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i wan to create SaaS for help people to solve different tasks. Which licenses of plugins/libraries can i use in my SaaS? A lot of examples describes a use of plugins and libraries with a software, but SaaS is other type of software. Plugins and libraries will be used in background and will be used indirect.

As i Understand:

I can use in my commercial SaaS the following licenses without any problems. BSD / MIT / Apache

  1. What other types of licenses can I use in addition?

  2. Can I use all licenses with a check mark for commercial use if my code source not public visible(commercial)?

  3. In many conditions it is worth that I am forced to indicate copywriting. But where should I indicate it, if the use of these libraries occurs in the background and completely different services are sold to the client.

For example here can see a full list with comparisons. https://joinup.ec.europa.eu/collection/eupl/solution/joinup-licensing-assistant/jla-find-and-compare-software-licenses

Thanks for the help.

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You propose to write software to be offered to others as SaaS on a commercial (and, presumably, proprietary) basis. This software will not be entirely created de novo; you wish to use pre-existing freely-licensed software in the creation of your offering, and you have some questions.

What other types of licenses can I use in addition?

All free software can be used in a commercial endeavour. There are non-free licences that forbid it, but as long as you stick to software licensed under an FSF- or OSI-approved free licence, you should be fine.

Can I use all licenses with a check mark for commercial use if my code source not public visible?

Avoid software under the Affero GPL, or similar licences. These licences require that people interacting with your software over a computer network be given the opportunity to receive full source code, so if you do not wish to share your source, you should not use software under such licences in preparing your offering. It is possible to use AGPL-licensed software in preparing backend software that doesn't interact with users, but you will have a problem if the front-end becomes a derivative, in copyright terms, of the AGPL-covered software. Whether this would be true in your case is a complex analysis that requires a complete and exact description of your offering, and probably professional legal advice; your best route is to steer clear of all AGPL- and similarly-licensed software.

In many conditions it is worth that I am forced to indicate copywriting.

I think you mean "forced to indicate copyright"; copywriting is something rather different. The non-copyleft free licences that require preservation of copyright notices only apply when the software is distributed; since you are offering it as SaaS, this is unlikely to apply to you. Licences that require formal advertising acknowledgment are non-free, so as long as you stick to free licences (see above) this shouldn't be an issue.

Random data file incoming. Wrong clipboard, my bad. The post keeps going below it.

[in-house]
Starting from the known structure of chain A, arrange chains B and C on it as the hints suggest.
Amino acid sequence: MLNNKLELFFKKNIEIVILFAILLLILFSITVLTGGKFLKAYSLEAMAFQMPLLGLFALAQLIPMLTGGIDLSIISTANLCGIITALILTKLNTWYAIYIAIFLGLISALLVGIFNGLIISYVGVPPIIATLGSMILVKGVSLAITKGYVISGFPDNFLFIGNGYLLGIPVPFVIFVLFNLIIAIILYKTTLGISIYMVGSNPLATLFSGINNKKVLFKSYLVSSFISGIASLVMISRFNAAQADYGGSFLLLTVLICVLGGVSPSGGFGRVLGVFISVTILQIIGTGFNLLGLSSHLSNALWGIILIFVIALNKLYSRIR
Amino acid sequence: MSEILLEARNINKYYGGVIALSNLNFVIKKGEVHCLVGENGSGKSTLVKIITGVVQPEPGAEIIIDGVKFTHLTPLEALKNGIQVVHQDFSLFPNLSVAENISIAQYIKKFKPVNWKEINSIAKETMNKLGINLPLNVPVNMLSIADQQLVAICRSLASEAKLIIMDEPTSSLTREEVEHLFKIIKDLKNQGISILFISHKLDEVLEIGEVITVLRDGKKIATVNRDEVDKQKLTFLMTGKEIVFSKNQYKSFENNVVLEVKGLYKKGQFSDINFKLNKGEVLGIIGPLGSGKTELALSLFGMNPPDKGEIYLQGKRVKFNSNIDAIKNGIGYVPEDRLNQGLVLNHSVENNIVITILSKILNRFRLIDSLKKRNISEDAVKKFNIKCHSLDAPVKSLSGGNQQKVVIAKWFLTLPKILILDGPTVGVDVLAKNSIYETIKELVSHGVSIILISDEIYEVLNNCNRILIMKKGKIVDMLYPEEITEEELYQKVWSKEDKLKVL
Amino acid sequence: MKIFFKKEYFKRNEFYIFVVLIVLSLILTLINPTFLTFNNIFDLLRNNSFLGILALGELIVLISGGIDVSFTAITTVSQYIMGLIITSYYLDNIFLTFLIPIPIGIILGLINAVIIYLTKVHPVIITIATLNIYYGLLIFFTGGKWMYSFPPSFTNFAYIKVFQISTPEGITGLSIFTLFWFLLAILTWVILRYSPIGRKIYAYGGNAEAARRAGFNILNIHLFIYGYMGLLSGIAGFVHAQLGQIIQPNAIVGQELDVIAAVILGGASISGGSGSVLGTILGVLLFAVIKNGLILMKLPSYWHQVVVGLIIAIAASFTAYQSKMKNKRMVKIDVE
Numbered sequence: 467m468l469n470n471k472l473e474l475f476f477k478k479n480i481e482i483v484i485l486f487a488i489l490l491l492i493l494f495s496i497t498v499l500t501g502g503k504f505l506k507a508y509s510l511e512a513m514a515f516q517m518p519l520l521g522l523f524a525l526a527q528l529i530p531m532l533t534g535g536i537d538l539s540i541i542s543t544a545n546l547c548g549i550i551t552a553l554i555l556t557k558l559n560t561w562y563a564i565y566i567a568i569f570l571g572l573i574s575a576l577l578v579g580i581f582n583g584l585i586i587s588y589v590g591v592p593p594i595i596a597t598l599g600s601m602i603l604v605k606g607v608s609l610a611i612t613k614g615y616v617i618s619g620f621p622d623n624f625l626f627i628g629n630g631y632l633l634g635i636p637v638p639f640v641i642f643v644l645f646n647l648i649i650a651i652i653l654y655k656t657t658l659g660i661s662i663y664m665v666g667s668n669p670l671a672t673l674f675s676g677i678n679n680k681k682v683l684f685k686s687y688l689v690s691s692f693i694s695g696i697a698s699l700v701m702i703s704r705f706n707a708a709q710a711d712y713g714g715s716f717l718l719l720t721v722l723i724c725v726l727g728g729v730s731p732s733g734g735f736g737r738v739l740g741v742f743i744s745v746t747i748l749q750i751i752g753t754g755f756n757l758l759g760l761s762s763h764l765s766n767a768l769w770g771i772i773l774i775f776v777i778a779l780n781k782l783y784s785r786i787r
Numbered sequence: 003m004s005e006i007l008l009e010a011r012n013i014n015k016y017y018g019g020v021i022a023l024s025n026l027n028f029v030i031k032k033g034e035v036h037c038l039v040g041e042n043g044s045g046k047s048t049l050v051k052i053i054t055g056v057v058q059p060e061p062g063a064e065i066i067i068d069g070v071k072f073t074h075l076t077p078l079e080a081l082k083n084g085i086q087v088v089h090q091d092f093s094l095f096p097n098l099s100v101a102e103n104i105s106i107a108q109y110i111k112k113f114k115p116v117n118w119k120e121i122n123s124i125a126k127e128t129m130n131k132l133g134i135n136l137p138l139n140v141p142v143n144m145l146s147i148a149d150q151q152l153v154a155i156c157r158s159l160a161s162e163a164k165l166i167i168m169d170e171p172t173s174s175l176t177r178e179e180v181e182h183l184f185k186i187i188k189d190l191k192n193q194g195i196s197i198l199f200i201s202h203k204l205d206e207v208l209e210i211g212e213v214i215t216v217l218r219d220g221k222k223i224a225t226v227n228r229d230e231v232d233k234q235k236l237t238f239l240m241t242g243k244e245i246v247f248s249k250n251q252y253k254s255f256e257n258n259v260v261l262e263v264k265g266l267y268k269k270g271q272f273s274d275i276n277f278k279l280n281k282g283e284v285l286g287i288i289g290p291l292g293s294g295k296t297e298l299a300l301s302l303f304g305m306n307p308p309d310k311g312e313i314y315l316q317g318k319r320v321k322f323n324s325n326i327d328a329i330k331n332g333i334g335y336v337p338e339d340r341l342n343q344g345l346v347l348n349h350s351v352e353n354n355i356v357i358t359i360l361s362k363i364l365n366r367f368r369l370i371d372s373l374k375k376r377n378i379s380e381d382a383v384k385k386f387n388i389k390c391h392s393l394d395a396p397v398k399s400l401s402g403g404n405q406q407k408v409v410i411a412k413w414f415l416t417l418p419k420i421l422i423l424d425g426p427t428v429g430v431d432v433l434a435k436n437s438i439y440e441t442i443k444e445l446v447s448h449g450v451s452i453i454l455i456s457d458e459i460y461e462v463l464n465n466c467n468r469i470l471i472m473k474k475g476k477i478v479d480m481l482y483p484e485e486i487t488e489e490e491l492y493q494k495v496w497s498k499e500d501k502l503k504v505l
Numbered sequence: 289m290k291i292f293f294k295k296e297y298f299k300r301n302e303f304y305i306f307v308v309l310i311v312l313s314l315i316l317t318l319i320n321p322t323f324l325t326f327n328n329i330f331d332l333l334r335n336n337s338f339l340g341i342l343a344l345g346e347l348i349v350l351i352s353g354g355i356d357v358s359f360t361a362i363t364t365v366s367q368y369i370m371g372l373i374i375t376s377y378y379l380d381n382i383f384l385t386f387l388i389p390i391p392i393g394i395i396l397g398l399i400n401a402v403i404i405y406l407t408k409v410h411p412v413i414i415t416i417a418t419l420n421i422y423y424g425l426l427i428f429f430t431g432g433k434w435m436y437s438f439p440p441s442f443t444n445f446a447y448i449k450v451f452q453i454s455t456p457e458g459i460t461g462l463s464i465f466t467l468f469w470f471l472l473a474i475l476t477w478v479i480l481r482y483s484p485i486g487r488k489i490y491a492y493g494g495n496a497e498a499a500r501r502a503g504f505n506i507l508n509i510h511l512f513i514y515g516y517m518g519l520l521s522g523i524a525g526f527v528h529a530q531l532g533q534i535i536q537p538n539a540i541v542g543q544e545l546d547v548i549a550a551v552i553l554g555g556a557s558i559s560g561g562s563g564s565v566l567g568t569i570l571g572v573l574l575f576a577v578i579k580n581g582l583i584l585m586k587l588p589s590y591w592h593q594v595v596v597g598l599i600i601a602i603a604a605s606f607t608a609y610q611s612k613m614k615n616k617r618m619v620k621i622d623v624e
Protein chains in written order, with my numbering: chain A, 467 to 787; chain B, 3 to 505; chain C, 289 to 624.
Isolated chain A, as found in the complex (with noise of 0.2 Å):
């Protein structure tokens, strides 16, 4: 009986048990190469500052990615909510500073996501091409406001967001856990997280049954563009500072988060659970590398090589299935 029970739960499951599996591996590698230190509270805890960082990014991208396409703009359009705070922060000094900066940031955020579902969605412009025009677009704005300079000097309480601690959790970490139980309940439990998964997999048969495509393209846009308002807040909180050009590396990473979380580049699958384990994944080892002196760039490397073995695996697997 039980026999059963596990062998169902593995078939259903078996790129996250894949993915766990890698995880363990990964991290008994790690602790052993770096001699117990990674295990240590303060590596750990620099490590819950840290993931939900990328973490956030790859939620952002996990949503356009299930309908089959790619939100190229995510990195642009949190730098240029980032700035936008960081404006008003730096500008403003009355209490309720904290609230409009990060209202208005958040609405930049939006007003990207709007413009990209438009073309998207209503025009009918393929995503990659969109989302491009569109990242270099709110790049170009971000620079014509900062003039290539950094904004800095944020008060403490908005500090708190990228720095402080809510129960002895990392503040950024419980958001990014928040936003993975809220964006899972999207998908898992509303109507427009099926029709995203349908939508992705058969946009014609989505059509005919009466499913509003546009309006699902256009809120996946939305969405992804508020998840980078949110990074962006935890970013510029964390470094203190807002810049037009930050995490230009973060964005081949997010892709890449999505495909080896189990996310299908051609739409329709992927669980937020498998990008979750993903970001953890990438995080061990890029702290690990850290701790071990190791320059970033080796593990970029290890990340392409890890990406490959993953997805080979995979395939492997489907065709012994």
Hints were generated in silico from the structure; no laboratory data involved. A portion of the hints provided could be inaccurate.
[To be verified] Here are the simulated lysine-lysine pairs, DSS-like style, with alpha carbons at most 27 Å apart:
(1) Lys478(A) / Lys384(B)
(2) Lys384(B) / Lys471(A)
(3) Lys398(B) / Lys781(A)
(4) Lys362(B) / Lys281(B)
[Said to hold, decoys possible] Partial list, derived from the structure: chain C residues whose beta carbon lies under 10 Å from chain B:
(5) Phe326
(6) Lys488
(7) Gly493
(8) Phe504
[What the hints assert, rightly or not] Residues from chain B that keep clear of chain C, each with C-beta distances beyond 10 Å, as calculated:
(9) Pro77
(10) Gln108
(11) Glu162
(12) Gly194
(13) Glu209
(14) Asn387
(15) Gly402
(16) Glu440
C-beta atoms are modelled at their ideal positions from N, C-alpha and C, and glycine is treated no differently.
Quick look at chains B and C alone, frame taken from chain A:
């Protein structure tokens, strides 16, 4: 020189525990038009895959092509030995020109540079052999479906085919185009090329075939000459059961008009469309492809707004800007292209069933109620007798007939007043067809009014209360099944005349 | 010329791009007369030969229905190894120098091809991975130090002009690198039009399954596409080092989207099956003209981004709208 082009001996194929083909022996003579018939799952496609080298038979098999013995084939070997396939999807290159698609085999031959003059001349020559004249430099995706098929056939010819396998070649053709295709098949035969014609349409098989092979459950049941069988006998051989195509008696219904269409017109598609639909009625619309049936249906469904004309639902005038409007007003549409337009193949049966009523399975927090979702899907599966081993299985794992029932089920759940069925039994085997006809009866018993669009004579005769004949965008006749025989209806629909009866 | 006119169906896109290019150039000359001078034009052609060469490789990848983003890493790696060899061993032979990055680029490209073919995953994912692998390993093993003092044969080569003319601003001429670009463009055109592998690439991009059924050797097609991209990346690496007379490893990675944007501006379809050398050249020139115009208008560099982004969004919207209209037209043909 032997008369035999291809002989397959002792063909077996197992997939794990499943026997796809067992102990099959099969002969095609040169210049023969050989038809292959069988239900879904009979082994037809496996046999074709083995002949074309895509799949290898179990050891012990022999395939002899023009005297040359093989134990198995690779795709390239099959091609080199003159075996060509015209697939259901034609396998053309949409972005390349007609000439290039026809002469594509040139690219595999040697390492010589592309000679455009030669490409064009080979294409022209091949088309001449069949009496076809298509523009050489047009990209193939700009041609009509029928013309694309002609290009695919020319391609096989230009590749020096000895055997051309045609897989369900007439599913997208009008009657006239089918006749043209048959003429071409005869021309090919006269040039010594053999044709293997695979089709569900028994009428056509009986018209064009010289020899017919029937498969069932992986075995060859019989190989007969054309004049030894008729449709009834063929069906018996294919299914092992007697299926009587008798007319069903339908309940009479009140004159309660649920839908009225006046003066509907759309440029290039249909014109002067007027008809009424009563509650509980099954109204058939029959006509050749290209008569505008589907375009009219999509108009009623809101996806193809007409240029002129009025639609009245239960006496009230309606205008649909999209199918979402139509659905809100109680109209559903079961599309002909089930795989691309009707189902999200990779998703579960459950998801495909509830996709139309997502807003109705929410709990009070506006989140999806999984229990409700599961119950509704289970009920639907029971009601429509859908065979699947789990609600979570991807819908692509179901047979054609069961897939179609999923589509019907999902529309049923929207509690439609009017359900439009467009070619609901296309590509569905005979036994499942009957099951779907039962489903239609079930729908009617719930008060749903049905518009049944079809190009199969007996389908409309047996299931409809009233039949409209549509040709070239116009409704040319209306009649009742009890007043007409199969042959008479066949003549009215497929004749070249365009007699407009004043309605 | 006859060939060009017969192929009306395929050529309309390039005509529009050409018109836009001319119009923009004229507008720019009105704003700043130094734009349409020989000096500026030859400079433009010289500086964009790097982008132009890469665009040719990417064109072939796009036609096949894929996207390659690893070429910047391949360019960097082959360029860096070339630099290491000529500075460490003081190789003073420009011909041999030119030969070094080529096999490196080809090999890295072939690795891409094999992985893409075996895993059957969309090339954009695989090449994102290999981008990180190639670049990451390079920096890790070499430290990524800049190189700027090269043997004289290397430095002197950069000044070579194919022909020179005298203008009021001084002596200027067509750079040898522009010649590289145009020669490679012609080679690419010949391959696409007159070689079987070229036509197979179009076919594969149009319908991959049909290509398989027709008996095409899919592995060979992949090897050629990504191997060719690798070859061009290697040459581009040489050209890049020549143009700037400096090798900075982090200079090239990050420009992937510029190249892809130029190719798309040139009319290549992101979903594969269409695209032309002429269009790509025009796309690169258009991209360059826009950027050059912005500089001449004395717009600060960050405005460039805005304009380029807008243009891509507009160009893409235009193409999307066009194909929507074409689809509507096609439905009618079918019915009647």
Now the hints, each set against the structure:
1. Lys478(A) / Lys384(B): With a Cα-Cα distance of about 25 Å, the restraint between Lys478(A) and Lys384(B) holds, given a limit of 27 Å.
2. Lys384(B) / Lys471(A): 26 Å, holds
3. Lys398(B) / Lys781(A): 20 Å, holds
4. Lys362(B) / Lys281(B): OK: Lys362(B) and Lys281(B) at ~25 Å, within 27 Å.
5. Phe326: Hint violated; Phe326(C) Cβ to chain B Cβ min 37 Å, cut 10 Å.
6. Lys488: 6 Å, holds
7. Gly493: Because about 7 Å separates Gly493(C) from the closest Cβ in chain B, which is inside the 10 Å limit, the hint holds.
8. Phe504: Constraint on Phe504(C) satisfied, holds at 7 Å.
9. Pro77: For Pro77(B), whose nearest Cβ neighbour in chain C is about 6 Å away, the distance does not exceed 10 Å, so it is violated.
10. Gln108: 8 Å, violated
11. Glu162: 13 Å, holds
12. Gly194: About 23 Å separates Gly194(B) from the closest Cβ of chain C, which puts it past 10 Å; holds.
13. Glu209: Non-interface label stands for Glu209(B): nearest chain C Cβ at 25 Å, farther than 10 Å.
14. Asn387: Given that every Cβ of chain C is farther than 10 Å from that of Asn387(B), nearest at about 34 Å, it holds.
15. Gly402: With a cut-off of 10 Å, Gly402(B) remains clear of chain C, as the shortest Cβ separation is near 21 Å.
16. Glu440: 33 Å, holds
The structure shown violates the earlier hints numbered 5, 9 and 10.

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  • Many Thanks for your detailed explanation. Do I understand correctly that I can also use for example " BSD-3-Clause", "CC-BY-SA-4.0", "GPL-2.0" licenses on an equal footing with the Apache/MIT?
    – JDev
    May 1 at 9:15
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    In your particular case, I think so, yes.
    – MadHatter
    May 1 at 13:40
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In addition to entirely avoiding AGPL and similarly-licensed software, you need to carefully consider how your choice of which licenses to accept and which to reject will affect your ability to evolve your business model in the future. For example, if you ever distribute your software to a customer (ie, an on-premises business model) then all of the distribution clauses in all of the licenses of all of the software you are using will suddenly apply. Be very, very sure you have examined these sorts of scenarios in-depth.

And consult an experienced copyright lawyer before doing anything risky, if this project will constitute a significant expenditure of time and/or source of income for you.

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  • thanks for the answer, I just want to use one AGPL licensed product. I will run this framework / library on my server and process the results of the library on the server as well, and then I will build a graph for the user that will display the result of the work. If in the future the owner of the library contacts me and says that I am misusing their library, what are the consequences? After all, the interpretation of this license is very contradictory, and I read different opinions on the Internet. In the worst case, I will have to stop using this library on my service. Or?
    – JDev
    May 10 at 8:54
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    @JDev I am not a lawyer, and I do not know anything about what legal jurisdiction you may be operating in. This is therefore the worse case I can reasonably imagine: If the terms of the AGPL can be reasonably construed to apply to your application due to you incorporating an AGPL-licensed library, you could be obligated to publish the entire source code of your application under the AGPL or GPL, in addition to other possible legal sanctions, such as damages, attorney's fees, etc. May 11 at 16:43

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